MDN: National Cancer Institute Director Lauds St. Jude
Dr. Douglas Lowy returned to St. Jude Children’s Research Hospital on Friday, March 24, and praised the facility as being a worthy beneficiary of research funding that comes through his National Cancer Institute.
Lowy, who a year ago took over as director of NCI, a division of the National Institutes of Health, has been to St. Jude on other occasions to present his research findings as an international scientist. He took a tour Friday to see some of the new technology at St. Jude and get briefed on its $1 billion expansion.
“It’s really a pleasure for me to be able to visit St. Jude,” he said. “As a result of research that has been conducted at St. Jude as well as other places, the outlook for children who develop cancer has improved dramatically over the past decade so that now the majority of children who develop cancer can be cured.
“On the other hand, whoever is a child that dies of cancer is one child too many, and we are going to work tirelessly to reduce the number of children who succumb to their disease.”
Lowy, who is also chief and senior investigator of the Laboratory of Cellular Oncology at NCI, participated in a panel discussion with several members of the St. Jude team and toured the St. Jude Electron Microscopy department.
Even though the number of childhood cancer survivors continues to increase, there are still serious long-term side effects as a result of the toxicity of the treatment.
NCI’s reach is daunting, supporting 69 different cancer centers in 35 states and the District of Columbia.
“We are the only NCI-funded comprehensive care center that’s dedicated exclusively to childhood cancer,” said Dr. Charles W.M. Roberts, St. Jude executive vice president and director of the NCI-funded Comprehensive Care Center. “NCI provides us with about $6 million a year to organize and focus around themes and understanding what causes childhood cancer, how we use that information to bring new ideas and develop new treatments, and then actually bring new therapies to children.”
Dr. Mike Dyer, St. Jude developmental neurobiologist and chair of the Department of Developmental Neurobiology, gave one example of how the NCI funds affect work at St. Jude involving retinoblastoma, childhood cancer of the eye.
“We could often detect it early enough to save the child’s life, but in many cases they would lose vision,” said Dyer, co-leader of the Solid Tumor Program within the St. Jude Cancer Center. “So the focus of the clinical research and trials here at St. Jude is on saving vision for these children, which will have a huge impact on the rest of their lives.”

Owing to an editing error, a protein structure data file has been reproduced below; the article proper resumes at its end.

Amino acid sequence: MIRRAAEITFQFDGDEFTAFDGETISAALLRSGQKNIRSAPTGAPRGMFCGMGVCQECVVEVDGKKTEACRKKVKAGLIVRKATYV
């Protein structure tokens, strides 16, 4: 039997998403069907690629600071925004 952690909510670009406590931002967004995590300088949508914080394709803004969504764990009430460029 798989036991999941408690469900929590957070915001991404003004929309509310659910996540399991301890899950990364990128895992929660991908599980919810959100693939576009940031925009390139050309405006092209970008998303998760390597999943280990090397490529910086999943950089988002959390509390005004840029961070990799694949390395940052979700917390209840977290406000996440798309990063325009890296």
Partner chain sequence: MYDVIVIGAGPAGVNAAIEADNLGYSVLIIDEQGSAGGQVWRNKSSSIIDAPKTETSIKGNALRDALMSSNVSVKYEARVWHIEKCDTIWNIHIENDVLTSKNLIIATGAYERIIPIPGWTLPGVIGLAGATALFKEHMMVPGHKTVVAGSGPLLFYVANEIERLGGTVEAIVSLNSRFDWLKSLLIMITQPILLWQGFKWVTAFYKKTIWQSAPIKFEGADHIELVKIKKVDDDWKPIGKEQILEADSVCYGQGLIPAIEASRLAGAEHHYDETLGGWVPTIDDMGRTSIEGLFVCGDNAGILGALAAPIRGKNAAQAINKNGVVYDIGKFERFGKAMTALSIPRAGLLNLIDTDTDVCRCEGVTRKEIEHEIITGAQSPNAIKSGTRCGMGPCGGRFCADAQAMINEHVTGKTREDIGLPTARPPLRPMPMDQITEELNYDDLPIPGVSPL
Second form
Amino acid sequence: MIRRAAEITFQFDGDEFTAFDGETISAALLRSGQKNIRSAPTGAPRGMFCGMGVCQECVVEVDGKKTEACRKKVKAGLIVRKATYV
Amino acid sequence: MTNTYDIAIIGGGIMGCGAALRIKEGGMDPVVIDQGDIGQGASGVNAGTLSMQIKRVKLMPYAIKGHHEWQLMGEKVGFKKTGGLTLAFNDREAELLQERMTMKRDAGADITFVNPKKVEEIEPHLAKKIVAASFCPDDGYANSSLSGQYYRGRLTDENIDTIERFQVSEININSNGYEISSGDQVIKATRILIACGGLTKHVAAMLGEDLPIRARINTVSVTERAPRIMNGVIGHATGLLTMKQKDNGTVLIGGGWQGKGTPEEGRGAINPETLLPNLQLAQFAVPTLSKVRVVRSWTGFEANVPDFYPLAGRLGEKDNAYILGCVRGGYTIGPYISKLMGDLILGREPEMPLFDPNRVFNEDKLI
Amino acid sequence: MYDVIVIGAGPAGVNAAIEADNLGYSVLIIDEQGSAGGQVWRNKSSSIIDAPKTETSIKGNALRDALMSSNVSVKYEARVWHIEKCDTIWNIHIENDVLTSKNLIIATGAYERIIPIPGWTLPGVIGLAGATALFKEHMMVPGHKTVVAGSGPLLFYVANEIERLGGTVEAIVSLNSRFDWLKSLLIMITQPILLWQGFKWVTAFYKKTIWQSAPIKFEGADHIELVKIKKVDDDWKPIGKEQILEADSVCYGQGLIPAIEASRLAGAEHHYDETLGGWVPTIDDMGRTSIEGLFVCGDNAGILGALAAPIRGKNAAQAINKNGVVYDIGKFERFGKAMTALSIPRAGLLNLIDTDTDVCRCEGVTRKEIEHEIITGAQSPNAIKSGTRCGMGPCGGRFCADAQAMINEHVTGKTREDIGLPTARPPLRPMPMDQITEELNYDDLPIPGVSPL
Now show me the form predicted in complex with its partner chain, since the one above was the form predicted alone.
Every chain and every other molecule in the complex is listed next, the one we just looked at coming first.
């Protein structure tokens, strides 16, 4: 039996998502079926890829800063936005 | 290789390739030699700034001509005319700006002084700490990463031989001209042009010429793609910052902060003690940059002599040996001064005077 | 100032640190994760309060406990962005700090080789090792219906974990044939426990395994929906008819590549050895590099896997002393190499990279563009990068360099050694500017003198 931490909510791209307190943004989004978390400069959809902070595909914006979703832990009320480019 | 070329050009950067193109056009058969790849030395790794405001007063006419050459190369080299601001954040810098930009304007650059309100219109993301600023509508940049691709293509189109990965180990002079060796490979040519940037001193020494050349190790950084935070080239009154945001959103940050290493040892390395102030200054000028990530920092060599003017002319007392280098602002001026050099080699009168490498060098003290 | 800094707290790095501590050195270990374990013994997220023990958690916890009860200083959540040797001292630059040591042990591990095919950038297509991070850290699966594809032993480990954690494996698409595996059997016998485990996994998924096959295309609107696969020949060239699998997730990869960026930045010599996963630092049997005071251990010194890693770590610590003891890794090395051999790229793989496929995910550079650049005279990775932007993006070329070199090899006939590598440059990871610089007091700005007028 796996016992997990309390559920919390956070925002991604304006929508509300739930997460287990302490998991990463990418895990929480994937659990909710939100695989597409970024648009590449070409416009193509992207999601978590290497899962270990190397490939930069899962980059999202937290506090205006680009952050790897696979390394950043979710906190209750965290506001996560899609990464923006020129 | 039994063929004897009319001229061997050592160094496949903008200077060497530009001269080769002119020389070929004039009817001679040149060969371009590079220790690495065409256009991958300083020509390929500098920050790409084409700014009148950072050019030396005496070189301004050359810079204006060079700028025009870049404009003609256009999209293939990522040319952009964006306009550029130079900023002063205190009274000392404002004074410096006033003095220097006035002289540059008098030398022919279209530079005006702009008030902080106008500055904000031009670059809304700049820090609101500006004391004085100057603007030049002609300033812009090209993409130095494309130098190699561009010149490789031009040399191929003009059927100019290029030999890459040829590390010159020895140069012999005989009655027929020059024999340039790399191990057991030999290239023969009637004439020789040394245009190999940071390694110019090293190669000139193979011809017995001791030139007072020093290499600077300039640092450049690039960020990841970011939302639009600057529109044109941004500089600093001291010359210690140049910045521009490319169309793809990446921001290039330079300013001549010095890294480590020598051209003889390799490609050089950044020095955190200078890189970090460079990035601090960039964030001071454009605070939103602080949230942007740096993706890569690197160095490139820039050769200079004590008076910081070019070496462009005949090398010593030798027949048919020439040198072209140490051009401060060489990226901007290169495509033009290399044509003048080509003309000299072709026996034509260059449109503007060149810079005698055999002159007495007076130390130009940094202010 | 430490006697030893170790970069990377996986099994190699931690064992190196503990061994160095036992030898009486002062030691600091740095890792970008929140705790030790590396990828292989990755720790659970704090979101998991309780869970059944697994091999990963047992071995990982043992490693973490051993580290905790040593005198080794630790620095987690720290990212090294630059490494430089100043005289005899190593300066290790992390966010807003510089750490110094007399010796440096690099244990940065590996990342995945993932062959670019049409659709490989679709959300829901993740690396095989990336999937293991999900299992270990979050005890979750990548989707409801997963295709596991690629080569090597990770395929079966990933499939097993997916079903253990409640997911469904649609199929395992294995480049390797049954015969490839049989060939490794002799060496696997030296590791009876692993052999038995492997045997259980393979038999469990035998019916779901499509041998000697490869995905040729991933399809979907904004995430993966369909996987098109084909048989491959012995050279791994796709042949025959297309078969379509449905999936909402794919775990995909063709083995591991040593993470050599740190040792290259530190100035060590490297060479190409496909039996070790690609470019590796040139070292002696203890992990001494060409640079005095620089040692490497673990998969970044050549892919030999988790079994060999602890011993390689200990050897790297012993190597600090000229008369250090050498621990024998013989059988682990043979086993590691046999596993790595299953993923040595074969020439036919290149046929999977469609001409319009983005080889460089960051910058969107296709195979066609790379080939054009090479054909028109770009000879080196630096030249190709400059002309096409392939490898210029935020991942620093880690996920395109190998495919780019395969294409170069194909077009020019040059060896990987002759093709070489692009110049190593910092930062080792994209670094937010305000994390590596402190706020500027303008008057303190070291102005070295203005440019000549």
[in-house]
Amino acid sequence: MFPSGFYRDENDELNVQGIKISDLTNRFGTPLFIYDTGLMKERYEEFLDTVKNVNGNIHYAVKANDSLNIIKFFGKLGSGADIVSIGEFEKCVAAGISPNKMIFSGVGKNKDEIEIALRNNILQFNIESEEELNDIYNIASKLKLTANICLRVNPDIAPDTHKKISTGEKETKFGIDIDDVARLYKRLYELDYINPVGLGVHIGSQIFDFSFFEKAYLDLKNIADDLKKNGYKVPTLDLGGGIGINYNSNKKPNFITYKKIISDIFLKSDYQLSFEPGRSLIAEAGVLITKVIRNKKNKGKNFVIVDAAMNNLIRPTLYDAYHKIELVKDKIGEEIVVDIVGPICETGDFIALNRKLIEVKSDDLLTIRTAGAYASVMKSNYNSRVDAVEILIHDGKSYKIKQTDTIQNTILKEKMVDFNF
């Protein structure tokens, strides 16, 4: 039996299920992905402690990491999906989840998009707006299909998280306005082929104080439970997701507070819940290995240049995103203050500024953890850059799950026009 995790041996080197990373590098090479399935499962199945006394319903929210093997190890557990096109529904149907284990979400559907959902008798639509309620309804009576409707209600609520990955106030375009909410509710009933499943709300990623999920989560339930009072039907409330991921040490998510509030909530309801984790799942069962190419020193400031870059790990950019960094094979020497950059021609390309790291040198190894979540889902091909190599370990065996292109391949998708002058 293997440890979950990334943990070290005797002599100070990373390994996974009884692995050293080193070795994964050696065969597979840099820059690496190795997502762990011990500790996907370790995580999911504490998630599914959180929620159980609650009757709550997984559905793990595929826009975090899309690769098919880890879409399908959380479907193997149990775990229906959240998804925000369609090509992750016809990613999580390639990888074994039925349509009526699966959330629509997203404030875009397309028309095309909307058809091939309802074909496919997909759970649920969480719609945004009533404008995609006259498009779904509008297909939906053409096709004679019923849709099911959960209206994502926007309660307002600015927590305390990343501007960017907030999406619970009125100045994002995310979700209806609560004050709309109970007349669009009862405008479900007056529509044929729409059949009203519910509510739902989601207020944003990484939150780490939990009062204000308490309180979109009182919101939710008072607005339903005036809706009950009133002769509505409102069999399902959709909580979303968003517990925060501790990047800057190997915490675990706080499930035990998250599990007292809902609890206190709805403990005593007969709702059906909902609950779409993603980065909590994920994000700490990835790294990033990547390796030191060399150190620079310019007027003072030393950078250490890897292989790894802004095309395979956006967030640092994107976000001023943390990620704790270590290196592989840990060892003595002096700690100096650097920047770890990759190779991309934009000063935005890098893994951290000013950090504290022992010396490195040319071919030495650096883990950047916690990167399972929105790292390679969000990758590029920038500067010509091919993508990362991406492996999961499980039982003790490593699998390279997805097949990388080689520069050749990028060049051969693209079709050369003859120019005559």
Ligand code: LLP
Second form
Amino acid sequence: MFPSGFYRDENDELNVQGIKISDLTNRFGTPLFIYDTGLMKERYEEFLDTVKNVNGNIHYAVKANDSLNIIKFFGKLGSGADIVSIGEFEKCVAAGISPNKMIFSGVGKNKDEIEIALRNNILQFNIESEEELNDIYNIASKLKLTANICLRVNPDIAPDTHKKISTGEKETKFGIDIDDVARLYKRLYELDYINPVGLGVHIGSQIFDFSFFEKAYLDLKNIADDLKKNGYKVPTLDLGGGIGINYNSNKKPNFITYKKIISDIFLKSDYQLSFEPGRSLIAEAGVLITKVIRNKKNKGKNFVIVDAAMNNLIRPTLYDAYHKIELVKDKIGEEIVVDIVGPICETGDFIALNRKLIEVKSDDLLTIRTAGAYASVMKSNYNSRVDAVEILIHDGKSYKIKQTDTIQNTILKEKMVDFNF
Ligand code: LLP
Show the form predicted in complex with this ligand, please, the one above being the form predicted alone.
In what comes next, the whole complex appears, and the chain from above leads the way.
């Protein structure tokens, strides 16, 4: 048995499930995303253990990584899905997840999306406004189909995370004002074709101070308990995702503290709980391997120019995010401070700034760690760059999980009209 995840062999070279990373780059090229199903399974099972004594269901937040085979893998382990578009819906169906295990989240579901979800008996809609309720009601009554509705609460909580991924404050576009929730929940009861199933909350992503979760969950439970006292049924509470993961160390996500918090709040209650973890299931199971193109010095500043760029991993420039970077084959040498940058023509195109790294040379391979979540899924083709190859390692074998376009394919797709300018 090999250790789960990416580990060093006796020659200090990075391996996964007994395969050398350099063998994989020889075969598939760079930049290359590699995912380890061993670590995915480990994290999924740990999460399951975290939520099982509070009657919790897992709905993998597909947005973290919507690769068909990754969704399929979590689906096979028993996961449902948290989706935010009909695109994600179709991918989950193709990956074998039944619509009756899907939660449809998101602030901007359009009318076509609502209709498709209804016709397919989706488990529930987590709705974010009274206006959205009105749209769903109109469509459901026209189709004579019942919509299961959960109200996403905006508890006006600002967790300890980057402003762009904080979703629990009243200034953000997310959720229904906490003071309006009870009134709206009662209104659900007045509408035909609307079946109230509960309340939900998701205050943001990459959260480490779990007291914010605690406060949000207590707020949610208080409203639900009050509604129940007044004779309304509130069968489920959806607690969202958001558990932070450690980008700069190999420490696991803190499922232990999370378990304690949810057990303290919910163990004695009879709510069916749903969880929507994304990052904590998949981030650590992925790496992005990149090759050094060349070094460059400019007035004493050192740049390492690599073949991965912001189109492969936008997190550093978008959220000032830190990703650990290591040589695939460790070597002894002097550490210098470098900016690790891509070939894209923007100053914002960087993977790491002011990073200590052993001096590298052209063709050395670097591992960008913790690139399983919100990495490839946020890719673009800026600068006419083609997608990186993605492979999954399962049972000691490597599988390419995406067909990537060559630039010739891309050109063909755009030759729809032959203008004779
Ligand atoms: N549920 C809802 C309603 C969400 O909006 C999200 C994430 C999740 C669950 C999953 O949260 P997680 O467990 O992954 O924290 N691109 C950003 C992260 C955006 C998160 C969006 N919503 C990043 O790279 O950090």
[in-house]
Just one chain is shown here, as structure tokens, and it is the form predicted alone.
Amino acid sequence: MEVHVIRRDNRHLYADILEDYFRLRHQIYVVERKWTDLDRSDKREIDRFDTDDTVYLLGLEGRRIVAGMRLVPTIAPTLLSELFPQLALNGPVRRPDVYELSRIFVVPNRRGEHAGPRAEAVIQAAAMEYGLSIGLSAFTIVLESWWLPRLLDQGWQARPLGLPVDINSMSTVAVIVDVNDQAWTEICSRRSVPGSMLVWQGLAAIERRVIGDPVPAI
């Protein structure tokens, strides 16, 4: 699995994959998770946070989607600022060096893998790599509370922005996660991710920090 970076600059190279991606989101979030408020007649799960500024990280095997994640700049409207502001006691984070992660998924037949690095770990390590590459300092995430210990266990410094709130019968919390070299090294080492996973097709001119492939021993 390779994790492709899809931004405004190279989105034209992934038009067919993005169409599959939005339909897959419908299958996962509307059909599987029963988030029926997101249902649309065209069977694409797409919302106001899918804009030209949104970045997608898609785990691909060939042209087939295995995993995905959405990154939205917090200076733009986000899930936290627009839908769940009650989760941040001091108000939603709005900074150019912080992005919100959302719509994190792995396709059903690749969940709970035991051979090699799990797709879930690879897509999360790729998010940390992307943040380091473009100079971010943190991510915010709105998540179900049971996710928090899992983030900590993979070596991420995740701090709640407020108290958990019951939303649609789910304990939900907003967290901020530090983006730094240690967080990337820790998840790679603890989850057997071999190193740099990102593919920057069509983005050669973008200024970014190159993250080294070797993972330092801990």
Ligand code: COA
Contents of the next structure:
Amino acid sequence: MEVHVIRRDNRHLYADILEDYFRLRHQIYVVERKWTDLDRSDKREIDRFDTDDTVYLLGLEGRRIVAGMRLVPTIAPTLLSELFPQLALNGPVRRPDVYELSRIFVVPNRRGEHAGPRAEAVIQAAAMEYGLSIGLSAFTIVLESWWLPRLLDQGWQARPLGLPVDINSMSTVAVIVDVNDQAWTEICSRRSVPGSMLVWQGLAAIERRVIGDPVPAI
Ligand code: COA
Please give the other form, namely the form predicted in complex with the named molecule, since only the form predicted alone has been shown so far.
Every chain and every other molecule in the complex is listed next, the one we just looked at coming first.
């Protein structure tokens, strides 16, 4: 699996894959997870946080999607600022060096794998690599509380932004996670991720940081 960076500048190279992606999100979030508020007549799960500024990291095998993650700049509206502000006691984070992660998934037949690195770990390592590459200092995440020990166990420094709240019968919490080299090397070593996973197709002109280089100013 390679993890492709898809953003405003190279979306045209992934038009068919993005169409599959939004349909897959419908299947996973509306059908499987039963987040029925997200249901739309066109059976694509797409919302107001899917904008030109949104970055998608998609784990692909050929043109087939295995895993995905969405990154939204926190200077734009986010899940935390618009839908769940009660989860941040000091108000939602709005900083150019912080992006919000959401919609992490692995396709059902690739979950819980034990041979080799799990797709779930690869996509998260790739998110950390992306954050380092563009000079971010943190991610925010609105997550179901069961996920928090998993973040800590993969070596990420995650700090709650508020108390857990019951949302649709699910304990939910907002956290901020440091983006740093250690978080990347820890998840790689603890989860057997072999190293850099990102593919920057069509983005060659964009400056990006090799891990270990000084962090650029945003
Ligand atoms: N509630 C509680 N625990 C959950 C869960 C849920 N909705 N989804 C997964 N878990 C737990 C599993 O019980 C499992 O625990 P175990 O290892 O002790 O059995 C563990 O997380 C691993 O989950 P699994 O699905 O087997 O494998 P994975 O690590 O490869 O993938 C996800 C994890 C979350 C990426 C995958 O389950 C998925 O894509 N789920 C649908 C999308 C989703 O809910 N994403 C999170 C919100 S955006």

After 10 years of basic research, St. Jude identified a new drug combination that seemed to be more effective in lab studies, and it moved into a clinical trial that was recently completed.
“Over 84 percent of children who have a cancer will survive that cancer, and when a child survives cancer they’re going to live an estimated 72 years of life,” said Dr. Greg Armstrong, leader of one of the largest NCI-funded research projects on the St. Jude campus, the Childhood Cancer Survivorship Study that follows 24,000 cancer survivors throughout their life. “In doing so, we’re the early warning system for the long-term effects that could happen any time during their life span.”
NCI recently committed another five years of funding for the study.
“St. Jude is already really a gem or a jewel in the crown of pediatric cancer research, and concentrating more efforts and resources here will really have a ripple effect,” Lowy said.
As NCI director, Lowy said he is restricted from commenting on the possibility that funding for medical research could be slashed significantly under the administration of Donald Trump, who’s initial budget calls for a $5.8 billion reduction in NCI funding.
“I will say that our commitment to patients will remain steadfast,” he said. “We always face challenges for our budgets because the number of important ideas to test vastly exceeds the resources that we have, so the NCI is committed to strategically supporting the most important research to help our patients.”